The report's authors also found that as the wind energy market has expanded, the cost of wind energy has decreased, wind technology has advanced and produces more output per turbine, and the percentage of wind turbine components that are manufactured in the United States has increased, up to 67 percent in 2011 from 35 percent in 2005-06. Wind power comprised 32 percent of all new electric generating capacity installed in 2011 and wind contributes more than 3 percent of the total electric supply in the United States. Wind power generates more than 10 percent of electricity in six states, including two states—Iowa and South Dakota—where it generates more than 20 percent of in-state electricity.
(Contact: Andrew Kambour )
Report Evaluates Green Jobs and Career Pathway Programs in Two States
The Employment and Training Administration released a research paper based on a qualitative evaluation of green job programs in Vermont and Oregon. Both programs were funded as part of the U.S. Department of Labor's Energy Training Partnerships and use career pathway models for workforce development to focus on green jobs. The paper discusses how the strategies for developing a career pathway varied between each site and suggests a number of common lessons. The authors found that interaction between employers and community colleges to help align training with labor market demands is mutually beneficial, but that external regulation and context were more relevant to employer decisions on how to structure jobs and establish career pathways. The paper includes an in-depth discussion of the different career pathway models, the continuing discussion over the nature of green jobs, and the benefits of investments in locally driven partnerships.
(Contact: Erin Sparks)
Demographics Driving Changes in SSDI Program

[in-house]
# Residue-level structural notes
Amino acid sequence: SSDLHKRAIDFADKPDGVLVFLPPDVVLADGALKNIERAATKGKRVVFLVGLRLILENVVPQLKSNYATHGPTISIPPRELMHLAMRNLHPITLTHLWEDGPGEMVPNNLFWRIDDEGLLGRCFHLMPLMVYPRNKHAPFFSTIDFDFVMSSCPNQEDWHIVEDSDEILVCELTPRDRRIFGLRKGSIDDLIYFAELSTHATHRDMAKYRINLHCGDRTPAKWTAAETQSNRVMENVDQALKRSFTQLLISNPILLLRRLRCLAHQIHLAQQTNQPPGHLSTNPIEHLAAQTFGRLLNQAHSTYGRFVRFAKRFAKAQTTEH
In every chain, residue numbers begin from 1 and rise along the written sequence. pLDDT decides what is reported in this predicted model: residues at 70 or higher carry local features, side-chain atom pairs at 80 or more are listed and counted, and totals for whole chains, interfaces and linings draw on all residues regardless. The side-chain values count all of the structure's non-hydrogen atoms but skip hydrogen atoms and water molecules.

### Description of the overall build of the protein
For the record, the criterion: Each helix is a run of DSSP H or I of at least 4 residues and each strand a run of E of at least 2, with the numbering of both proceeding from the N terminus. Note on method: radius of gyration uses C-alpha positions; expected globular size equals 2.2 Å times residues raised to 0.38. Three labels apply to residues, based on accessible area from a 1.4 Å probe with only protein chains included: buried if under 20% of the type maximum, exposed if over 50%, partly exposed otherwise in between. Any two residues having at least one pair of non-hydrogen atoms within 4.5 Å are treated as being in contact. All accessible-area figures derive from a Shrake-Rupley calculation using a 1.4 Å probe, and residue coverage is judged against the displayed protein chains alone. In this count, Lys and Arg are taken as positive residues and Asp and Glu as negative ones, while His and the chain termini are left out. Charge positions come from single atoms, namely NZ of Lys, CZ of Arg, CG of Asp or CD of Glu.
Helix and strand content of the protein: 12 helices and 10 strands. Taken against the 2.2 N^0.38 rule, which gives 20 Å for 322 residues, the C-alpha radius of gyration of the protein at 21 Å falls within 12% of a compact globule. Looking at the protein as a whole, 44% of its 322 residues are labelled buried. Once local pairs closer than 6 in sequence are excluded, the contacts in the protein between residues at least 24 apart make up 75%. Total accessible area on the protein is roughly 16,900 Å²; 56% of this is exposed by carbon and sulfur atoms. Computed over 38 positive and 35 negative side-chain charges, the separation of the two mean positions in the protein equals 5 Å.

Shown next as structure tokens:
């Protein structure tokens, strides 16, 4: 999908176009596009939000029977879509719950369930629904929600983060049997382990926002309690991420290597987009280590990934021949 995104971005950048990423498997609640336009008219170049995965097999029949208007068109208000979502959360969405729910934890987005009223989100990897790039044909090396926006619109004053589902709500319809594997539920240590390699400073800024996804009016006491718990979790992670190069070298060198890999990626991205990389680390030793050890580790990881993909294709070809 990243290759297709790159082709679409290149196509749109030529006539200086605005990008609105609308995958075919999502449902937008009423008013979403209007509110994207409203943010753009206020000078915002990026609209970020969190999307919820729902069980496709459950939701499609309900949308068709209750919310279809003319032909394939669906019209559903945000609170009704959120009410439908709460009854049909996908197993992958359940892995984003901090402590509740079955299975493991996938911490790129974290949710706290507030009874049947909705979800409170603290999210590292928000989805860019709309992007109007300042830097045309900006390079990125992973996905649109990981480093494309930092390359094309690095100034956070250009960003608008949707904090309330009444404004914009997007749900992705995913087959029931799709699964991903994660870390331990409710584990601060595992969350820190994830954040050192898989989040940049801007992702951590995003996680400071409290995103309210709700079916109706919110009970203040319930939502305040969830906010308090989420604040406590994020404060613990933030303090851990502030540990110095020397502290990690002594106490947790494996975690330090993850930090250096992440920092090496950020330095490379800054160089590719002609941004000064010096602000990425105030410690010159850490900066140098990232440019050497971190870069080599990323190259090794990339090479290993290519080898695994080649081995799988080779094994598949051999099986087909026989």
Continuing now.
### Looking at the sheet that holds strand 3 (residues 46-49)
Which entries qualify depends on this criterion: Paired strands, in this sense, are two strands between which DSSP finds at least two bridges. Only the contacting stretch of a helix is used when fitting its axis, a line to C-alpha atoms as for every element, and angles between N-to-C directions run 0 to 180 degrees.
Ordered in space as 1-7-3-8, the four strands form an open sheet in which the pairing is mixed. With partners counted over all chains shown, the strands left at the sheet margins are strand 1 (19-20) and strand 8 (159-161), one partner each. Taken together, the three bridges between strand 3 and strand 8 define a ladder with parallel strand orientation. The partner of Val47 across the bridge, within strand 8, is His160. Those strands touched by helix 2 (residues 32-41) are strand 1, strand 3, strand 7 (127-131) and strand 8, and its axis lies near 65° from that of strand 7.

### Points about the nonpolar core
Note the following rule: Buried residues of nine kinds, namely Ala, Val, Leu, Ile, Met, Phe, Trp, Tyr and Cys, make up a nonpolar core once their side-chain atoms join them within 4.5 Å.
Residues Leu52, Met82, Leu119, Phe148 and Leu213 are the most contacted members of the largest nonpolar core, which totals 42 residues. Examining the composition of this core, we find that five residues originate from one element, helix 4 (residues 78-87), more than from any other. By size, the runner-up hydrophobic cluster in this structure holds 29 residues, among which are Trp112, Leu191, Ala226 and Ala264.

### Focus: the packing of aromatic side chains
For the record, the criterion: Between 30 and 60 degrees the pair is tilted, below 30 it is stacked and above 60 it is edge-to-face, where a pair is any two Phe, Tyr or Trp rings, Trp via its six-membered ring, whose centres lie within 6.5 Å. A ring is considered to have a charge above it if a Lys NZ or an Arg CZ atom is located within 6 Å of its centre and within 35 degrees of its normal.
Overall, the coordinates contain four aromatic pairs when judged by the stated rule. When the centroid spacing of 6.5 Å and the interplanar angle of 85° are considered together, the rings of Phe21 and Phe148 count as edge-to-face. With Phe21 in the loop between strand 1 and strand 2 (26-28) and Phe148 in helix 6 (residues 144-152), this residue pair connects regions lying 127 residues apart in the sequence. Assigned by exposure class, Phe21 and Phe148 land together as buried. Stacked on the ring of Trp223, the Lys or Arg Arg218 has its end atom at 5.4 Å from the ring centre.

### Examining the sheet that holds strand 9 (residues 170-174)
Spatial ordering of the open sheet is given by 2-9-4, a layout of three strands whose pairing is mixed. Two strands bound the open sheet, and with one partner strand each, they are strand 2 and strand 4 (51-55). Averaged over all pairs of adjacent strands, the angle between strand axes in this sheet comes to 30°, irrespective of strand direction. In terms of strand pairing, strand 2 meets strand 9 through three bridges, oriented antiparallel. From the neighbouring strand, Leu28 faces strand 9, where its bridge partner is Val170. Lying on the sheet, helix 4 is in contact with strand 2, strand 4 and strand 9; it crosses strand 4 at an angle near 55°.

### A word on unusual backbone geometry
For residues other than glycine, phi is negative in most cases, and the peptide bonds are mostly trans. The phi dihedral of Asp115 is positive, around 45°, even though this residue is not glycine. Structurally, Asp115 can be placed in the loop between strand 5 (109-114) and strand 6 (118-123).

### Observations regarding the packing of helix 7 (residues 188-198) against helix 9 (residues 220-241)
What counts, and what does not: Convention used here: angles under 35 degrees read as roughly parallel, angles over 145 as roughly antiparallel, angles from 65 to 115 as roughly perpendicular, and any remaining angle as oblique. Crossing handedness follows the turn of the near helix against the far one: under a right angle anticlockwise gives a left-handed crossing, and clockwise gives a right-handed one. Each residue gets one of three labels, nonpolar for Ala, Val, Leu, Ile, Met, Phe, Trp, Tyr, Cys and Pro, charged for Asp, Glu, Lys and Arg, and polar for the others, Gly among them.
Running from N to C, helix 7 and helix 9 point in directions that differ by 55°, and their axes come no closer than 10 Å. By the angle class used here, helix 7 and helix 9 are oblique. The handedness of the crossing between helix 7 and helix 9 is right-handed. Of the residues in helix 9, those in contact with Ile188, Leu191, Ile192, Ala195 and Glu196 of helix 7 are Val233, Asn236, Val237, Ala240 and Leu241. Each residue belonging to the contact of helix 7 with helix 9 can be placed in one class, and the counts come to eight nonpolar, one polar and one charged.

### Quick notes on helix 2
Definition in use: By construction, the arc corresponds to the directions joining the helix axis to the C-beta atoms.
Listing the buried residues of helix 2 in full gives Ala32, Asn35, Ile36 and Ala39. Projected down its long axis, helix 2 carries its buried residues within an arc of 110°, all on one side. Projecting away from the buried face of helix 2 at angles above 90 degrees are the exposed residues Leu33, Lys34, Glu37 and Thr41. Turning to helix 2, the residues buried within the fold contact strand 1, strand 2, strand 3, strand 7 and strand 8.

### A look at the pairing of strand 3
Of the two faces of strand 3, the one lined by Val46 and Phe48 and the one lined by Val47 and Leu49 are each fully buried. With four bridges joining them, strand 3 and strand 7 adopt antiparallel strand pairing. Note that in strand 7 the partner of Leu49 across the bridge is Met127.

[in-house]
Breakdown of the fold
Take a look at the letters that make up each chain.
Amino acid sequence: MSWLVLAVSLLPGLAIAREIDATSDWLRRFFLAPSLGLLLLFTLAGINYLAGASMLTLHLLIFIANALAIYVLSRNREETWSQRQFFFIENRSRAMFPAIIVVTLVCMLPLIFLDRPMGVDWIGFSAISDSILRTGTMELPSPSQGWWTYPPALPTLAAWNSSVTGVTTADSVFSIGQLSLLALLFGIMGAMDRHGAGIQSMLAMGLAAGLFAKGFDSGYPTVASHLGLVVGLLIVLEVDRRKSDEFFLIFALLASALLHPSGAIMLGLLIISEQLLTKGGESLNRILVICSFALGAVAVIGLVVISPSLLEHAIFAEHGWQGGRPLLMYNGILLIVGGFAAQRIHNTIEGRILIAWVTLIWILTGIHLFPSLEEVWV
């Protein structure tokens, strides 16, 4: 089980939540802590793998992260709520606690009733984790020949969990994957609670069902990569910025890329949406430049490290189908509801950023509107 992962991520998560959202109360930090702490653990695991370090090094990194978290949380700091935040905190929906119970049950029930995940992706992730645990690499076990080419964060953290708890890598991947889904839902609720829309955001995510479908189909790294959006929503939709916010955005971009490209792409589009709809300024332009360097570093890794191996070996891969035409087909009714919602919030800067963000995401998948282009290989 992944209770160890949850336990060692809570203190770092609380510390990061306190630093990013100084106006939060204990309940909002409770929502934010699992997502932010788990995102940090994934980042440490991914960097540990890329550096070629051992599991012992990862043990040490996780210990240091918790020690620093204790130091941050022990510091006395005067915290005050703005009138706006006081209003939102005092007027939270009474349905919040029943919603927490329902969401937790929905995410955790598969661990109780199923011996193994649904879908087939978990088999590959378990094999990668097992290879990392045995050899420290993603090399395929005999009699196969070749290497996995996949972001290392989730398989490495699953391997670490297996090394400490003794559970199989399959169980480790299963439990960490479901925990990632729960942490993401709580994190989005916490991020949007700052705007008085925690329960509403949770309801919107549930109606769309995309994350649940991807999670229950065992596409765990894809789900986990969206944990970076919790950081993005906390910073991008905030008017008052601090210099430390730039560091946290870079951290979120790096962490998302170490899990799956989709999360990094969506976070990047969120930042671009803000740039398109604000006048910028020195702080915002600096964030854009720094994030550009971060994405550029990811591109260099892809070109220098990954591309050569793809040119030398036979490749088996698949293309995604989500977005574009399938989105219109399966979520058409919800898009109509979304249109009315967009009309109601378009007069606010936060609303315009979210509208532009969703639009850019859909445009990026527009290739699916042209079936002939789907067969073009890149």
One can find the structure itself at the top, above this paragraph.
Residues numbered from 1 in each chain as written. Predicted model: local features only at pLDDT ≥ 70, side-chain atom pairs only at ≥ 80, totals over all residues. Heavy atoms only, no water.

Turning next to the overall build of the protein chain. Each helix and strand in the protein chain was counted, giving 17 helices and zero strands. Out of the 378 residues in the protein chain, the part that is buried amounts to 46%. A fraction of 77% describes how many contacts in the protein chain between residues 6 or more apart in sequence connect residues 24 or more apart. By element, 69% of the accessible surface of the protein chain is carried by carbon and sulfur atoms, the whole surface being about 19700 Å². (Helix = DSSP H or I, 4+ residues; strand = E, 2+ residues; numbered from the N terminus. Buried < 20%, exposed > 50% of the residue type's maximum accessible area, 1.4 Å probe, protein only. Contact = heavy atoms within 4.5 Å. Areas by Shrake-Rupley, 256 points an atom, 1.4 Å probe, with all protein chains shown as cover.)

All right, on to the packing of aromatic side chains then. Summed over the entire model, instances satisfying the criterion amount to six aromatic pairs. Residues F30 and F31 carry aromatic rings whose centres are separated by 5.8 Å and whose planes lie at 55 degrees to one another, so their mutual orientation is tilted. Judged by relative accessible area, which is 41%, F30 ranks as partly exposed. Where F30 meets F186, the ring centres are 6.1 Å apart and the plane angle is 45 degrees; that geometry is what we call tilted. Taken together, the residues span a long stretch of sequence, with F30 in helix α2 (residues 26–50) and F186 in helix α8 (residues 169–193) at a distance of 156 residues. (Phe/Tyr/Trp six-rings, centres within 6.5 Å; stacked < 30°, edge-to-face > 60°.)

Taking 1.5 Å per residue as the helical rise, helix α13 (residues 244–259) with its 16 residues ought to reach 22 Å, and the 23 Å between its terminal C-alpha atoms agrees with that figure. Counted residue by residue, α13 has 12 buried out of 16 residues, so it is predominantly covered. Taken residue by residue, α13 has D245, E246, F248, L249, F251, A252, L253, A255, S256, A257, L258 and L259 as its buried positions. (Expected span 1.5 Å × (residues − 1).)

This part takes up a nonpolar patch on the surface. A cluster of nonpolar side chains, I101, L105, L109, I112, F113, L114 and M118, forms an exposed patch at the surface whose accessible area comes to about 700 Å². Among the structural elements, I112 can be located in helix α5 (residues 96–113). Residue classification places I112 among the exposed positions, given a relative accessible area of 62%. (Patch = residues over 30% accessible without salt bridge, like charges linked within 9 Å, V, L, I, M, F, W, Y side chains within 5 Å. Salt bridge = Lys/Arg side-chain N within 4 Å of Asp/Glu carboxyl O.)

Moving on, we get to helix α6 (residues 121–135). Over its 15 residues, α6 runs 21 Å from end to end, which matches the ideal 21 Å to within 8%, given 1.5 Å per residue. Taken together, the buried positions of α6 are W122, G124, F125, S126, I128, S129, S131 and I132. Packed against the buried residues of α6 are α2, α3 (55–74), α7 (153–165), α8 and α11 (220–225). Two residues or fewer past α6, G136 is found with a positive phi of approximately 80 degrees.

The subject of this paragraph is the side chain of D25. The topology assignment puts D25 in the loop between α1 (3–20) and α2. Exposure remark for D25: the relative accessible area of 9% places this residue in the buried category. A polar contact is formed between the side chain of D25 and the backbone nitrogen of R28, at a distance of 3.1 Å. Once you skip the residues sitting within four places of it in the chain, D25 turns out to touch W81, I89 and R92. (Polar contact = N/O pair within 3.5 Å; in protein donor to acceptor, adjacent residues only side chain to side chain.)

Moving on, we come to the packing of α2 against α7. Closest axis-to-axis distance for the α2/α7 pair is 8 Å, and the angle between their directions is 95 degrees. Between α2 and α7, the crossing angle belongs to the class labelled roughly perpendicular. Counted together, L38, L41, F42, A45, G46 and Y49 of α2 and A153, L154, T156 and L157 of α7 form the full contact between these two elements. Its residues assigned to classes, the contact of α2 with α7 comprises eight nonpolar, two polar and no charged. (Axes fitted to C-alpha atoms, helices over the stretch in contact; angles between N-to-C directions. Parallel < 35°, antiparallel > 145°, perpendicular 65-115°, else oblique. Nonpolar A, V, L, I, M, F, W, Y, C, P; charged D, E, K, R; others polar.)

A recent report by the Center on Budget and Policy Priorities outlines key trends in the growth of Social Security Disability Insurance (SSDI) beneficiaries. Since 1980, the number of disabled workers has tripled, while the size of the workforce has increased by only 40 percent. According to the report, the majority of the increase has come from demographic changes. Those include baby boomers aging into their high-disability years, a larger share of women who qualify for disability benefits (because more of them work long enough to qualify), and an increase in Social Security's full retirement age, which means workers with disabilities spend one more year receiving disability benefits before moving into the retirement system. In 1990, two of every three disability beneficiaries were male. Today, approximately only one of every two beneficiaries is male. The report also describes the eligibility criteria for SSDI and the demographic characteristics of recipients, including income dynamics and ability to work.
The authors concluded with a recommendation for a balanced approach to financial reforms while noting that effective reforms should anticipate the interaction effects between SSDI, Medicaid, Medicare, and SSI populations.
(Contact: Lauren Stewart)